Don’t ground your possibilities

There is almost nothing that frustrates me more than hearing the words, “it’s not possible.” These words are generally uttered by well intentioned people who live their lives in a “safe zone,” only doing those things that assure success. It is not uncommon to hear these words from those who may have been wounded or fallen short of their goal, and their experiences serve as a wet blanket instead of a lessons learned launch pad toward greater things. We have all encountered Debbie Downer, whose fulltime occupation it seems is to keep you grounded.

I’d prefer hearing the alternative statement, “I or we haven’t figured out how to do that yet.” I learned a long time ago that all things are possible and it starts with believing in yourself, drawing your inspiration from a more powerful source than the proverbial Debbie, and taking intelligent risks. True entrepreneurs like those at T-REX, a local business incubator, or in the cubical next to you have an amazing ability to insulate themselves from the naysayers. It’s not that they don’t have a direct communications line to those who have a view of what isn’t possible – it’s just that they don’t give that nonsense any energy. They believe more in their ability to solve the problem, which has a lot to do with what’s on the inside of them and from what or whom they derive their inspiration.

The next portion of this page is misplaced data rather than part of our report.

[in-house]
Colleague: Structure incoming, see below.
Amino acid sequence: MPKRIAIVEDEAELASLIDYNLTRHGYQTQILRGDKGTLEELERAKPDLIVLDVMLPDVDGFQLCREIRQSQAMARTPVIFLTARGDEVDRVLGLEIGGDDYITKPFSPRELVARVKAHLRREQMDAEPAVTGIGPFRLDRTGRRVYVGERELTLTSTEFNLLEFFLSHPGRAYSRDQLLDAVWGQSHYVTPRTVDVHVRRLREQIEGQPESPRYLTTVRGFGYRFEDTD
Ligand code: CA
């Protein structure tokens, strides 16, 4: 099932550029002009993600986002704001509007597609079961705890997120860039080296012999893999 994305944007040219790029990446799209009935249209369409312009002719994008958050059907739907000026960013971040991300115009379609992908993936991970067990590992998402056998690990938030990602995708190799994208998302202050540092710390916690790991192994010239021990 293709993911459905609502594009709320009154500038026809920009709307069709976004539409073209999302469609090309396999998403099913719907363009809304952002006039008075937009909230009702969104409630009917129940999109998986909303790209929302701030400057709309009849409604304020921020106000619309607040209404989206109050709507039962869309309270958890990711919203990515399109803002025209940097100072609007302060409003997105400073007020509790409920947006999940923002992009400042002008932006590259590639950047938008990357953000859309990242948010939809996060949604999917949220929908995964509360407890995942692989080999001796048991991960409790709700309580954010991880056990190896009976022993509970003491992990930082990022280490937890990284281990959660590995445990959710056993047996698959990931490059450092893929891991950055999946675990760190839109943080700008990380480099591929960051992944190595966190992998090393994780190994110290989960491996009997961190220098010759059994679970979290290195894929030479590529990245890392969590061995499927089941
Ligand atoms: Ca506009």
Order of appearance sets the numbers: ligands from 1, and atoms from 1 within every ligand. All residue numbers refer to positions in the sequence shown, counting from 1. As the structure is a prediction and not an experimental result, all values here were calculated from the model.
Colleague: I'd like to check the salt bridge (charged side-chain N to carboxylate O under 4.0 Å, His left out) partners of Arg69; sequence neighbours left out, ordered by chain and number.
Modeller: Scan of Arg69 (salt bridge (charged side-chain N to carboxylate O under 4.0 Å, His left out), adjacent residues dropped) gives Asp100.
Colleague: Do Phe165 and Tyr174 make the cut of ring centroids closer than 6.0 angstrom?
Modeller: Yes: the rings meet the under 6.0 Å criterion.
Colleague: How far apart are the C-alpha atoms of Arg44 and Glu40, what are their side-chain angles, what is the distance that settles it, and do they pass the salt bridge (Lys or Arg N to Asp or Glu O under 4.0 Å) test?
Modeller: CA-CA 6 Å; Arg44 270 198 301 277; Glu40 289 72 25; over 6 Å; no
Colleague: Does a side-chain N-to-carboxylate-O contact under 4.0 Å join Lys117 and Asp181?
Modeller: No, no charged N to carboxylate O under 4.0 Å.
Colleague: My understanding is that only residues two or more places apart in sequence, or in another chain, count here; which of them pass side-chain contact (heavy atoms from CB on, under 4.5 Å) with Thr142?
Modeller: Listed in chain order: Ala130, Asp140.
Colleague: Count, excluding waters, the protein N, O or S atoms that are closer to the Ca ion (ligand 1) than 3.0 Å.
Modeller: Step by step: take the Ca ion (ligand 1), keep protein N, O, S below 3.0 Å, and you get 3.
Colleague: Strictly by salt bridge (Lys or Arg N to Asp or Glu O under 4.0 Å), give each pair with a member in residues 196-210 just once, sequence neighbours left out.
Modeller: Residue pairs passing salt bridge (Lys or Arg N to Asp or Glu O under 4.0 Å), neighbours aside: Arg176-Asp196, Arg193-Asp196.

I have been told what’s not possible for most of my life. In my experience, the bigger your dreams or the more detached they are from your current reality, the more likely you’ll hear those words. When I experience people whose dreams are to disrupt the classroom to prison pipeline, or reconnect non-custodial fathers with children, or ensure that people with physical disabilities have the exact same opportunities as everyone else – I am energized. I don’t think about these challenges as too big, too complicated, or impossible – my only thought is that I hope they stretch their imaginations and don’t let past practices ground future possibilities.

In order for us to change the trajectory of a generation – we can’t let others who generally have good intentions place us in a box and prevent us from taking intelligent risks.

Leave a Reply